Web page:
The bottom line on the kitchen is that my wife loves it. Everything she uses is right there and it all is very convenient to get to once we arrive at a campsite. A water pump is located right next to the sink which is handy for grabbing a drink or for filling the sink. The sink drains through a drain line through the bottom of the kitchen. We keep a collapsible bucket there to collect the water and dump it as needed.

The kitchen slides out of an aluminum "box." The box is about 5 feet long and the kitchen is just over 3 feet. Minus clearance and doors and hinges and such, you end up with about 17 - 19 inches of storage space on the other end which I'm using for tools, cords, chocks, etc. The odd thing is that the slide mechanism goes all the way across so you have to unload the other end before sliding out the kitchen.

One of these days, I'm going to fab a sheet metal shelf to cover the end of the slide mechanism so I don't have to unload before sliding out or in the kitchen. In the meantime I keep everything in a canvas bag so it is a quick process. If you are buying one of Glen's last kitchens I recommend paying a few extra dollars and have him put the shelf in. Four bends and some pop rivets are all that would be needed.

Anyway, with the kitchen, "Momma's happy," which means everybody's happy and we have just moved up from camping to glamping I guess.

The one thing I don't like about the kitchen is that is uses up all of that wonderful storage space in it's box pretty inefficiently. We store our pots, pans and propane hose in the sink and we pack the cabinet pretty tight but if you just packed all of that stuff in the box it would take up a lot less room. As I looked at the box, I coudn't help but feel that the space on the top was being wasted. I thought it out and sent Glen a simple schematic of a box with a rail around the top. The next thing I knew, he had talked it over with a fabricator down the street and came back to me with this:

Glen added about a 3" rail made of aluminum diamond plate and pipe. Cutouts in the diamond plate provide tie down points. Sweeet!!!! It is rock solid, strong practically to the point of overkill and tremendously adds to what you can store/carry on the Kamparoo without having to use the roof rack (which has to be unloaded before setting up the camper.) I'm using this rail to strap down a battery box (which I will discuss later), a roll up camp table, all of our chairs, a shovel, roasting sticks and a campfire grate. These remain on the camper at all times and move us one step closer to our goal of a system with which we can decide at the last minute to take advantage of a free weekend and be on the road in an hour or so. It would also be a great place to carry coolers.

Here you can see the rail in action on our first shakedown trip.

With the kitchen comes a larger (DEE-LUX!) awning that shades the kitchen.

We also purchased wall panels to enclose the awning area which we will almost never use but we've had a long string of uncomfortable, cold and/or wet, camping weekends recently and enclosing the awning would have been a nice option. Glen also had an old awning and wall set (which he calls the add-a-room) from an older vintage of canvas that fits the other side of the tent and he threw that in for free. I haven't set it up yet but one of these days I need to set the whole thing up with both extended add-a-rooms and invite 15 of my closest friends to go glamping in my Glamparoo!!!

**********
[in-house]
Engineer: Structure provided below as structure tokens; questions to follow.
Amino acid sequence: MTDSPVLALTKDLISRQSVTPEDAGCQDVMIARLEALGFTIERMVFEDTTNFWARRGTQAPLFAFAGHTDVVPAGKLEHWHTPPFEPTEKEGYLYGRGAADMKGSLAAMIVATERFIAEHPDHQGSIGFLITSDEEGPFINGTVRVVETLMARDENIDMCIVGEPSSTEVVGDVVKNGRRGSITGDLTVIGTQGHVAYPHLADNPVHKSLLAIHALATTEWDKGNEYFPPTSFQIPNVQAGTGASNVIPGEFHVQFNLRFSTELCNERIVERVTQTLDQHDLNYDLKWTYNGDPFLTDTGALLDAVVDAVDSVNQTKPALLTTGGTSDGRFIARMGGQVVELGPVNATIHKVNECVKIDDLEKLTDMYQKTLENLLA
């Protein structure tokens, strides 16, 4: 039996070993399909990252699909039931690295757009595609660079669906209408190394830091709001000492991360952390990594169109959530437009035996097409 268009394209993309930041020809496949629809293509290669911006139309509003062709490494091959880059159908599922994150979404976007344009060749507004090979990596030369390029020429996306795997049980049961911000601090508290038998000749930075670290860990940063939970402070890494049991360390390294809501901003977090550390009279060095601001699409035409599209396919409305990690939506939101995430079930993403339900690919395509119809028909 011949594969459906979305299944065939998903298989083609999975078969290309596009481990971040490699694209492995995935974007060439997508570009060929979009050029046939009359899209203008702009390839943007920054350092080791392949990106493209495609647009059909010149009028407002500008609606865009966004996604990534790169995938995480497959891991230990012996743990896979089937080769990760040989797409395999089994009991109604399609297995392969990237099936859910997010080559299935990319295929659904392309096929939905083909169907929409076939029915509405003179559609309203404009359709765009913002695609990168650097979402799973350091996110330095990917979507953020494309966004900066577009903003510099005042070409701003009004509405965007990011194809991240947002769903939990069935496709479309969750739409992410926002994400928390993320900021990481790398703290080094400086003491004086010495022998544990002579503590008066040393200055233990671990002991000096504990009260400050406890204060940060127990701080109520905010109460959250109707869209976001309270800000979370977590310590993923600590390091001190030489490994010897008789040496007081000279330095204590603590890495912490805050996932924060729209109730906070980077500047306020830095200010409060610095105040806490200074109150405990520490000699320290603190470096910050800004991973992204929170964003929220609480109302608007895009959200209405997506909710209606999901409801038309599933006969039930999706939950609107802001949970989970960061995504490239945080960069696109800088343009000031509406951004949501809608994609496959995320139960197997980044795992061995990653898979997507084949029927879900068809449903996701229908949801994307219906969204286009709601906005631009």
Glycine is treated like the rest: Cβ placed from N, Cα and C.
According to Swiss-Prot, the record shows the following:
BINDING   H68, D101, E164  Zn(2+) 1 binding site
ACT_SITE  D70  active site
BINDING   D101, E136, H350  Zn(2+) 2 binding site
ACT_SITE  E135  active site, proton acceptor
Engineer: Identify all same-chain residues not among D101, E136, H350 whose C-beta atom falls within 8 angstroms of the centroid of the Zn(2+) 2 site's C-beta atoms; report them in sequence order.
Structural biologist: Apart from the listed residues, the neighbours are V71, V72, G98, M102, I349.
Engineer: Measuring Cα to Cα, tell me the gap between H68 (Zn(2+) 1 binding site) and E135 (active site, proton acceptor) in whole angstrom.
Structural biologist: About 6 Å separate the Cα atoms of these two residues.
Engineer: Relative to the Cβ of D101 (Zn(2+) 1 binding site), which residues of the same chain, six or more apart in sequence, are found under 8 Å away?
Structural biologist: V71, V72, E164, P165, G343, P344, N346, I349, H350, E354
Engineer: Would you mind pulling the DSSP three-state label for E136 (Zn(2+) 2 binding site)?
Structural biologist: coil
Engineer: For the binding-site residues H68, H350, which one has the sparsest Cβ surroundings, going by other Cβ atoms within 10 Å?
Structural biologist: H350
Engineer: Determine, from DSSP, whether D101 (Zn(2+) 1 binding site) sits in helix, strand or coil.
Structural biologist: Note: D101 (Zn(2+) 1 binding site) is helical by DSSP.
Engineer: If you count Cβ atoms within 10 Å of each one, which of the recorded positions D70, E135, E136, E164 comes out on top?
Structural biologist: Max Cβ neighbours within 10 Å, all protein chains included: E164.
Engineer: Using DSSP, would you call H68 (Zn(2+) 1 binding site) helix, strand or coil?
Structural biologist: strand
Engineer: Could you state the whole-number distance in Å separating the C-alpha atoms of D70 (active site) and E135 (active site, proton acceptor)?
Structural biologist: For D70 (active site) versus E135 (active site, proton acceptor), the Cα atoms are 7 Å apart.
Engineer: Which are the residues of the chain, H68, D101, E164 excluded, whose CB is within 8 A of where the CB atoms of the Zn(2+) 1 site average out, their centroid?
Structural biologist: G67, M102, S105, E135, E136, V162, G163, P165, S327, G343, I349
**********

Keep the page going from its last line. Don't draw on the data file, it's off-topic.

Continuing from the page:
To finish off the kitchen discussion, I'll add that the normal option for on-board propane is a 10 lb bottle. I'm too lazy to go once per season, find a propane dealer, and get the bottle filled so Glen agreed to fab the camper with a 20 lb bottle like the ones you can exchange at the local hardware store, etc.

Next post I'll cover some of the BLING--more shiny aluminum and the skid plate.
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Walmart Adventure Camper
Thanks Kevin! ... My Daughter and Son-in Law are looking for a a well built camper so your review is most appreciated and timely.
Really like the picture that shows the top loaded with bikes and gear, this is a feature that could be easily overlooked when comparing campers.
What's your thoughts on the skid plate-spare tire carrier, pertaining to approach angle and a place that could accumulate road mud thrown up from the tow vehicle?


The Build - As Delivered (Skid Plate)

OK, McZippie (nice handle) let me go ahead and address the skid plate.

This was a tough decision. I'm not sure what the right terminology is for the area between the rear tires of the vehicle and the trailer tires but I guess I'll call it the trailer breakover angle. Yes, that will definitely be limited even though the design of the skid plate is that it doesn't extend below the axle of the trailer. It actually sits a few inches above, I believe. When crossing something akin to a giant speed bump, one could get hung up in that breakover area although there is a good chance your hitch would hang up as well whether you had the skid plate or not.

I raised these concerns and I know Glen and his shop worked it to ensure the skid plate is only low enough to get the tire in and out.

When Glen was recommending the skid plate, we discussed removal. Glen said the plate would be removable so if you got in a bind, you could just remove the skid plate and tire and move on. In reality, that may not have been possible or something got lost between Glen and his builder because while the skid plate bolts on in the front and middle attach points, it is held on in the back by what looks like 50 or so large rivets, not bolts. It'll be several months before I have the Kamparoo off-road and it's not like I'm sending it back to Canada to have something else done so I haven't spend much time thinking about what, if anything, I'll do about it. I've been intending to call Glen at some point and get his thoughts but have been focused on other things.

I liked the fact that the skid plate protects the tire and more importantly, the water tank.